Then at 15:00 Seoul time, Karen Zimbelman, director of Membership and Cooperative Relations at National Co+op Grocers (NCG), will moderate “Introduction to the International Cooperative Entrepreneurship Think Tank (ICETT) and Launch of the World Cooperative Monitor 2021.” Established in 2018 by ICA, ICETT aims to strengthen cooperatives’ business performance by seeking and using innovative ideas, research, education and cooperation to address the challenges that cooperative enterprises are facing. The think tank acts as a hub to offer strategic thinking on cooperative entrepreneurship to demonstrate that the co-op business model is a key differentiator for entrepreneurial competitiveness. NCG has been an ICETT participant since 2021. Martin Lowery, chair of the ICA’s 33rd World Cooperative Congress Task Force and ICA Identity Committee, is among panelists for this session.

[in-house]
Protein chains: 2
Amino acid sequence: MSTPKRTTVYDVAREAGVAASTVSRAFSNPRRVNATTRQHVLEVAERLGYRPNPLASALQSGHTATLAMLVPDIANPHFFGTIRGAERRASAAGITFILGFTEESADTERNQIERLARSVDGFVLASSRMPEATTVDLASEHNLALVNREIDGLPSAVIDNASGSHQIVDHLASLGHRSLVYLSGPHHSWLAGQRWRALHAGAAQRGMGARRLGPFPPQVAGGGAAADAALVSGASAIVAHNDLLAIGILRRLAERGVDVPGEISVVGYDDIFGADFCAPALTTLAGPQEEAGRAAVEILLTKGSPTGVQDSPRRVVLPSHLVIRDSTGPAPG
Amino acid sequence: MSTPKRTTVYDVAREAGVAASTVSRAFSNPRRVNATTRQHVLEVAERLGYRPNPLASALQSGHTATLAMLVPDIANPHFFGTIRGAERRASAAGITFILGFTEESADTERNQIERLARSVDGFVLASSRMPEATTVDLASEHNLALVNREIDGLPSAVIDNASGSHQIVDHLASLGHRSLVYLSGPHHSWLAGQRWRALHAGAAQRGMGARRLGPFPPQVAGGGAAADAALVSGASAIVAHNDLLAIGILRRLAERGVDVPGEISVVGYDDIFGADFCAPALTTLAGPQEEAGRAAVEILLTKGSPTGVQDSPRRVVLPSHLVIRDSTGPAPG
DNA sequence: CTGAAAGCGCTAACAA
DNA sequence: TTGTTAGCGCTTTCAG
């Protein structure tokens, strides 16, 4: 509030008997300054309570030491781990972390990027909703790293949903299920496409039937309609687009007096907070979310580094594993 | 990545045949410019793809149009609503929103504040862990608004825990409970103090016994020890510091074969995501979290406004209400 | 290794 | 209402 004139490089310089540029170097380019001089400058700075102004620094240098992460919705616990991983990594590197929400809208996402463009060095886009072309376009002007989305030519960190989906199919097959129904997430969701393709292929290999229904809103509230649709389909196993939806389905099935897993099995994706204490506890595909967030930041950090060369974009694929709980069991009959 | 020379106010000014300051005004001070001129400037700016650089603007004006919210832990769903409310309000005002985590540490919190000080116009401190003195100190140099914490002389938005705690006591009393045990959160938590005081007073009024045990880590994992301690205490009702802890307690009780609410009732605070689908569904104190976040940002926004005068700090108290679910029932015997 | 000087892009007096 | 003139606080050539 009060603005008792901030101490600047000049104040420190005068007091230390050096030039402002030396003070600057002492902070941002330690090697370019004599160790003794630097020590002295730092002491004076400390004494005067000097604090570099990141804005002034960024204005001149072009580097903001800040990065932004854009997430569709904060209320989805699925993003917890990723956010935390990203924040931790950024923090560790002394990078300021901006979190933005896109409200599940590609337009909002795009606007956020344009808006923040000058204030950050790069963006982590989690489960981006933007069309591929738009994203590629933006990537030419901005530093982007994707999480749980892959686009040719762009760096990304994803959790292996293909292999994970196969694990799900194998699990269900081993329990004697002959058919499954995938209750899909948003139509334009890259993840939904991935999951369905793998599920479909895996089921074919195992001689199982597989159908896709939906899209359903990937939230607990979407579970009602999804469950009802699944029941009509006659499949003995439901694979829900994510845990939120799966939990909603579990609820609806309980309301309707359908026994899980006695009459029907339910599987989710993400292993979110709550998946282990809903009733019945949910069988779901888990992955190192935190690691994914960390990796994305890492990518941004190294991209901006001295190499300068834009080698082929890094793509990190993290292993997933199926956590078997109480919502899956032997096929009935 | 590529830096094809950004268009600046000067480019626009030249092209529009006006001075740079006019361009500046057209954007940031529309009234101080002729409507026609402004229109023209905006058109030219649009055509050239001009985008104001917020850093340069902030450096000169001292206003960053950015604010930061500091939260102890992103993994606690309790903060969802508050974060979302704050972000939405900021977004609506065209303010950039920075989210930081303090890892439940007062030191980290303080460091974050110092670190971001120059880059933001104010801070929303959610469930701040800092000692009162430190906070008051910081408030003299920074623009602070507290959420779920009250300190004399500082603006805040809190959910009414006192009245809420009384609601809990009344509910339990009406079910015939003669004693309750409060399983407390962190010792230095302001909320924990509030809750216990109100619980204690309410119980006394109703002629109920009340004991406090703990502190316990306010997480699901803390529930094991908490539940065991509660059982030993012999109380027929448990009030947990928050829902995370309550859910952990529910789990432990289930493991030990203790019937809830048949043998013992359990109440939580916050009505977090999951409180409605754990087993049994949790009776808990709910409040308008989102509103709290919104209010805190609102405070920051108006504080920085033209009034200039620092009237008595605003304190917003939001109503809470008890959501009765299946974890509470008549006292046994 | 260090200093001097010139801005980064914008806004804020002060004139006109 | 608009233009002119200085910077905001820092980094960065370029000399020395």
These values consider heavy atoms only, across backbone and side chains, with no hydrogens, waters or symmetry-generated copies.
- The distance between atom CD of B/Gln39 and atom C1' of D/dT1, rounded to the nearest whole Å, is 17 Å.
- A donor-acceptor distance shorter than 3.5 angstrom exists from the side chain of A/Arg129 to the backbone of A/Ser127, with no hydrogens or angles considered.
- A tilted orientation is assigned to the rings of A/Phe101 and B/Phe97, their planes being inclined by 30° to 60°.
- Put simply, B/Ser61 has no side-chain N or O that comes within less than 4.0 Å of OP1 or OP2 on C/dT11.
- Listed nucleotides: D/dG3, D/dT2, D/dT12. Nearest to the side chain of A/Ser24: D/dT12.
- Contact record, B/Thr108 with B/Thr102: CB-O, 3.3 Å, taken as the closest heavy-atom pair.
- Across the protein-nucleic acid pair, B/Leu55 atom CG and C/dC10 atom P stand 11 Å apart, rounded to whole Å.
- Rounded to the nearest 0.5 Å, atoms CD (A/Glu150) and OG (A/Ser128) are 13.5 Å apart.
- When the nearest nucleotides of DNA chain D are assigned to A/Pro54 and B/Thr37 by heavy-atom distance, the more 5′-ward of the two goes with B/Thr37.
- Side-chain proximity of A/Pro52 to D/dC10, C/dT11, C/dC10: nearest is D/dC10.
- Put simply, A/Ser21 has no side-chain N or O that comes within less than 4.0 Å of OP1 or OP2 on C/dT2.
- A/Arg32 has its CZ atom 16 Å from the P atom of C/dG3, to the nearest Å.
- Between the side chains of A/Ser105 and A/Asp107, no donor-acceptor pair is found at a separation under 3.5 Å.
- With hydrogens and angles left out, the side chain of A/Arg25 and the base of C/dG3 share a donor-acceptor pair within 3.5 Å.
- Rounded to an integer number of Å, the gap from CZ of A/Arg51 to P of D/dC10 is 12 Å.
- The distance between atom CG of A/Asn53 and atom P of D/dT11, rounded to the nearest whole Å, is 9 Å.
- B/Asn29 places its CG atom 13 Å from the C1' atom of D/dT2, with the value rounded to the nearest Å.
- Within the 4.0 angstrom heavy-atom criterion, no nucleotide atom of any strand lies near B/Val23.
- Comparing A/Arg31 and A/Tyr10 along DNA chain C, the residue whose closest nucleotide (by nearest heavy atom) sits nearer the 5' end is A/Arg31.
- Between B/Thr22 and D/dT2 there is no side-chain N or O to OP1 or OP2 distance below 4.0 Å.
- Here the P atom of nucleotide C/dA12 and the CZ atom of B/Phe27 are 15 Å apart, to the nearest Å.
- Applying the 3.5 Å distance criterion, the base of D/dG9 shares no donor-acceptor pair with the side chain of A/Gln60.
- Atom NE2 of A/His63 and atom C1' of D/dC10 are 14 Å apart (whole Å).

At 16:30 Seoul time, Martin Lowery will moderate “Conclusions of the ICA Cooperative Research Conference and International Cooperative Law Forum.” Open to all Congress participants, the main findings of the two research events scheduled for November 28-30 will be discussed. In particular, the importance of research on cooperative identity will be discussed and the impact of this research on the daily operations of cooperatives in all sectors will be discussed. Sonja Novkovic of the International Centre for Co-operative Management is a panelist for this session.
At 14:00 Seoul time, Ann Hoyt, chair of Group Health Cooperative of South Central Wisconsin’s Board of Directors, is a panelist on “Examining Our Cooperative Identity Through Inclusive Governance.” Participation and inclusion of cultural, gender and age diversity are fundamental for sound cooperative governance, and they are at the heart of our cooperative identity. To keep these characteristics alive, we must continuously question ourselves: Are we inclusive enough? What can we do to keep the cooperative identity appealing to everyone? How do we make sure our governance practices are inclusive and welcoming to all?